It's days like this when I find myself wondering in what my faith lies.
It's days like this, when the concept of a loving, sovereign God, a concept that is hugely important in the area where I currently live, doesn't make a lot of sense to me.
It's days like this, when I am faced with my own selfishness because I think "I'm glad it didn't happen here."
Many people will be writing, commenting, and tweeting about the Moore, OK tornado. There's nothing about this post that may say anything new, or different. But that's what writers do--we write. Some of us will write to comfort others, some of us will write in a feeble attempt to make sense of it all, some of us will write because we arrogantly believe we know why these things happen, some of us will write simply to try to process the thoughts and feelings we have. Some people will be insensitive and say stupid things. Some people will ignore it completely.
Many people will bring up the suffering in the book of Job, how he had everything taken away, as if that is somehow supposed to be a comfort. When I first read Job in college, and learned that his suffering was a result of a bet between God and Satan, I didn't know what to think. I still don't. And Job never did learn the reason why he suffered; he only knew that he did. If it was me, what would I think? Probably something like, "Gee, thanks for having so much confidence in my faith, God, but don't you think you could have toned it down a bit?"
When tragedies happen that are caused by humans, it's easier to understand them. We can blame sin, brokenness, sickness for weaving its way into the strands of our lives. But when no person is to blame, then who can we blame? Do we blame God? Even asking that seems blasphemous. But that is what I wondered, yesterday, when I cried at the reports that two elementary schools were hit. That is what I wondered when I saw video and photo of the destruction. That is what I wondered when I heard it was an F4 tornado with 200+ mph winds.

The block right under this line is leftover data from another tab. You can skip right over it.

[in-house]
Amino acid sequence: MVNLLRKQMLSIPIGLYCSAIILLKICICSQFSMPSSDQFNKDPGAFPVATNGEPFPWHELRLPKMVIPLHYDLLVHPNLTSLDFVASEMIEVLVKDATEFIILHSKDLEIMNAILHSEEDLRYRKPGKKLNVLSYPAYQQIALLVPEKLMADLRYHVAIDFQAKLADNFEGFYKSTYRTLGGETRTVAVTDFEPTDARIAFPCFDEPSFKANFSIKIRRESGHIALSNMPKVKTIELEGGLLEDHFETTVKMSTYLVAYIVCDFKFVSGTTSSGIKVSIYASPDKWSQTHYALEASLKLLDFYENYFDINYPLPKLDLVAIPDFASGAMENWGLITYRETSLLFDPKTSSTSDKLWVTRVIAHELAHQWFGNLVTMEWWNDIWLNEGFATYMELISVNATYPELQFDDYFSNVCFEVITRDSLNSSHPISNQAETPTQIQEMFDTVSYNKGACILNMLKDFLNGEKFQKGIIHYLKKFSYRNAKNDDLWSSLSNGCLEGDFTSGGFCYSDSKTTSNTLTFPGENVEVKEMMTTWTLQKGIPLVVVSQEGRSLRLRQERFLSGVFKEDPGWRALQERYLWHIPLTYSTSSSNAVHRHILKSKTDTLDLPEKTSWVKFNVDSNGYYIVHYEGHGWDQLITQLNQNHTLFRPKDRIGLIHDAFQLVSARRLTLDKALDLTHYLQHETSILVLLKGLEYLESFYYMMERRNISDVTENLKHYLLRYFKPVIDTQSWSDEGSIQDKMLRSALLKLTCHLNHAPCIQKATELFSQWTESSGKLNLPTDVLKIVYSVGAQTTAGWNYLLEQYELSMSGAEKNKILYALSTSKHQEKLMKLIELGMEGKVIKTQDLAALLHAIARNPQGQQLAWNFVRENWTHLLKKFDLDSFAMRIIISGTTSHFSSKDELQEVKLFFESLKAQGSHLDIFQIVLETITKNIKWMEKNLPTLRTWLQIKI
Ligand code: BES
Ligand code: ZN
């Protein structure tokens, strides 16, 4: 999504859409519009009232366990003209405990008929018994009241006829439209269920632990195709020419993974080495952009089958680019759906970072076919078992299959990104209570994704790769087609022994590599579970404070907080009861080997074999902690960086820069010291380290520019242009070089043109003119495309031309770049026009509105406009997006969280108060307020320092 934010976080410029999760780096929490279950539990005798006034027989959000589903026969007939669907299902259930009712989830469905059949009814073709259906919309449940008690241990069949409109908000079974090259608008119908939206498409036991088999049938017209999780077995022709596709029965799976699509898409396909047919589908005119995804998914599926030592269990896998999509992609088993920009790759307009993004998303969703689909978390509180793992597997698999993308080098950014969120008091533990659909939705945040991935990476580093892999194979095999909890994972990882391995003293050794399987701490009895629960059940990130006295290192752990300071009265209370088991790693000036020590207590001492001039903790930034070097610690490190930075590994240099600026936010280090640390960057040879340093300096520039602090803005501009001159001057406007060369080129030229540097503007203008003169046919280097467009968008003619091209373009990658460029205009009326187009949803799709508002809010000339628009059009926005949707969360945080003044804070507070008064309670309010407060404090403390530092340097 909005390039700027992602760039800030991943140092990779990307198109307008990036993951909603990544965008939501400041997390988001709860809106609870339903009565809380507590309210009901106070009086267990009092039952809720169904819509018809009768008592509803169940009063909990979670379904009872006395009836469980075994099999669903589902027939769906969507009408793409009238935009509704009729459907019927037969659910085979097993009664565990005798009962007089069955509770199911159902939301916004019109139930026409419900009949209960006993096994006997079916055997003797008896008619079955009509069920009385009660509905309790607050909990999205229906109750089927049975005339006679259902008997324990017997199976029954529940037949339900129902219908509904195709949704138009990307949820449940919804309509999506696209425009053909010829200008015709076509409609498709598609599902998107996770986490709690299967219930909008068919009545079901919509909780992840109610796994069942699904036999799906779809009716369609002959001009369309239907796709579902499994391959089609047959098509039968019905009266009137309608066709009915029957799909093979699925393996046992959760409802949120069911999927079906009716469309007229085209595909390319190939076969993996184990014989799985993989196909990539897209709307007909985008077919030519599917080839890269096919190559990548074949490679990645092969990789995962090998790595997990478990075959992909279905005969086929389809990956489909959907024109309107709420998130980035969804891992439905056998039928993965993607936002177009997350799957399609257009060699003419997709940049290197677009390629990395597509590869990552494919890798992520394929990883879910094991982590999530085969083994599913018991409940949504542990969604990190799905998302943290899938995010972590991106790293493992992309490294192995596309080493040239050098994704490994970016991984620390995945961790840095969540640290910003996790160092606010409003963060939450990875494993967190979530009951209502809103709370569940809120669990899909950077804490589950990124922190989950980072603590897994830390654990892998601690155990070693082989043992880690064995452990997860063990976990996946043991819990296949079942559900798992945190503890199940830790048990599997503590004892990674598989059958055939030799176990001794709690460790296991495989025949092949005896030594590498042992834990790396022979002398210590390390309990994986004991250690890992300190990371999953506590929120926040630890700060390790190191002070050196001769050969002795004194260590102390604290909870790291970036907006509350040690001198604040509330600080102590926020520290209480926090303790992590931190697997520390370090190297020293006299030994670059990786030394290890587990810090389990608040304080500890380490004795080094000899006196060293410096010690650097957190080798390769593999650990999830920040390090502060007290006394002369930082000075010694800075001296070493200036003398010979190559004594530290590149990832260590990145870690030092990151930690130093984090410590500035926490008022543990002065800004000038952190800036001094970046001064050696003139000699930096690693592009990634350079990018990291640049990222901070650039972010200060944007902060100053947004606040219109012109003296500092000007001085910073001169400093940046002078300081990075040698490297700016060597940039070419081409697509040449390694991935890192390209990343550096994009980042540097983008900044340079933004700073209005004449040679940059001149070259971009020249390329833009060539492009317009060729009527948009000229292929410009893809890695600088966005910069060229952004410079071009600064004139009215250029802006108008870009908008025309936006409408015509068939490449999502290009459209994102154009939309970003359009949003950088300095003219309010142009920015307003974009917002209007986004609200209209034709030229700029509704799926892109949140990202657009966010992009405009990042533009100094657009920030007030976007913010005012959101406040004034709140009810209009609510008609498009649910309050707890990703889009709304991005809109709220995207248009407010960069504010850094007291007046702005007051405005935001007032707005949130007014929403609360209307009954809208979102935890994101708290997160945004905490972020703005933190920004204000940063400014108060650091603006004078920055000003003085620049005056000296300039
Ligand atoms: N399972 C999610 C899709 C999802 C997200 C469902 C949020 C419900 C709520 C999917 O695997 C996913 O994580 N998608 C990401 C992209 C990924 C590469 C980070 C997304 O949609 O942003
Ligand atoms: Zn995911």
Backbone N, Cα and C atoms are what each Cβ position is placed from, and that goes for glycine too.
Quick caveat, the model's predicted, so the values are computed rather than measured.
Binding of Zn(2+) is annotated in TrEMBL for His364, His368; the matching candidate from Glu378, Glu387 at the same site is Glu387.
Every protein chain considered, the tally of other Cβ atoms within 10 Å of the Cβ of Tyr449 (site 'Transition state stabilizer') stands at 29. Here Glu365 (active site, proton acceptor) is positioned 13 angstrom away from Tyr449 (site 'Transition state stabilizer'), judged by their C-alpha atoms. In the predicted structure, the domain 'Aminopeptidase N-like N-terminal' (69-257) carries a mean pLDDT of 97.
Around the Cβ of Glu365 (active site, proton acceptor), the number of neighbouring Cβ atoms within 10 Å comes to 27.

I was angry. And I wondered why. And I was reminded of a troubling verse in Isaiah, in which God's sovereignty is extended even to the bad things in this world.
- KJV Isaiah 45:7 I form the light, and create darkness: I make peace, and create evil: I the LORD do all these things.
- NIV Isaiah 45:7 I form the light and create darkness, I bring prosperity and create disaster; I, the LORD, do all these things.
- NRS Isaiah 45:7 I form light and create darkness, I make weal and create woe; I the LORD do all these things
Evil. Disaster. Woe. And God claims that they all come from Him.
My friend Yaakov explained to me one time, that in context, what is happening here is that God is explaining that there are not other, lesser gods for each activity. He is it. On an exegetical level, I get that. It is the superiority of the God of Israel to the gods of any surrounding nations. On a level of having faith in a loving God, I have a very difficult time understanding it. I want to run to the verses of peace and love and harmony and no tears and no sickness. I want to just parrot that I trust in God's goodness, even when that trust falters.
And yet, mixed in with the disturbing aspect of this verse, there are the good things: God forming light. God bringing peace, prosperity, or weal (well-being). The good and the bad are mixed in together, mixed up together, coexisting.
We can't answer why. We can only grieve and weep and help, and let the goodness shine through, even though they may at first seem like tiny pinpricks of light in the darkness. We can see the kingdom of heaven spreading through like yeast in dough, coming from unexpected places and people.
It's days like this, when people of all faiths and no faith will come together to work for the good of humanity.
It's days like this when Republicans and Democrats will forget, for a moment, their disdain and hatred for one another's ideals, and seek to help others.
It's days like this, when differences are put aside, I see this partial verse from Galatians coming into play: "So then, whenever we have an opportunity, let us work for the good of all".
It's days like this, when all seems hopeless, that people give each other hope, that love for other human beings can be shown without regard to who they are, where they come from, what their status in life is.
Perhaps, in this horrific event, we will see just who does exemplify the fruits of the spirit. We will be able to identify who is following Jesus' command to love one another. We will see God's goodness still.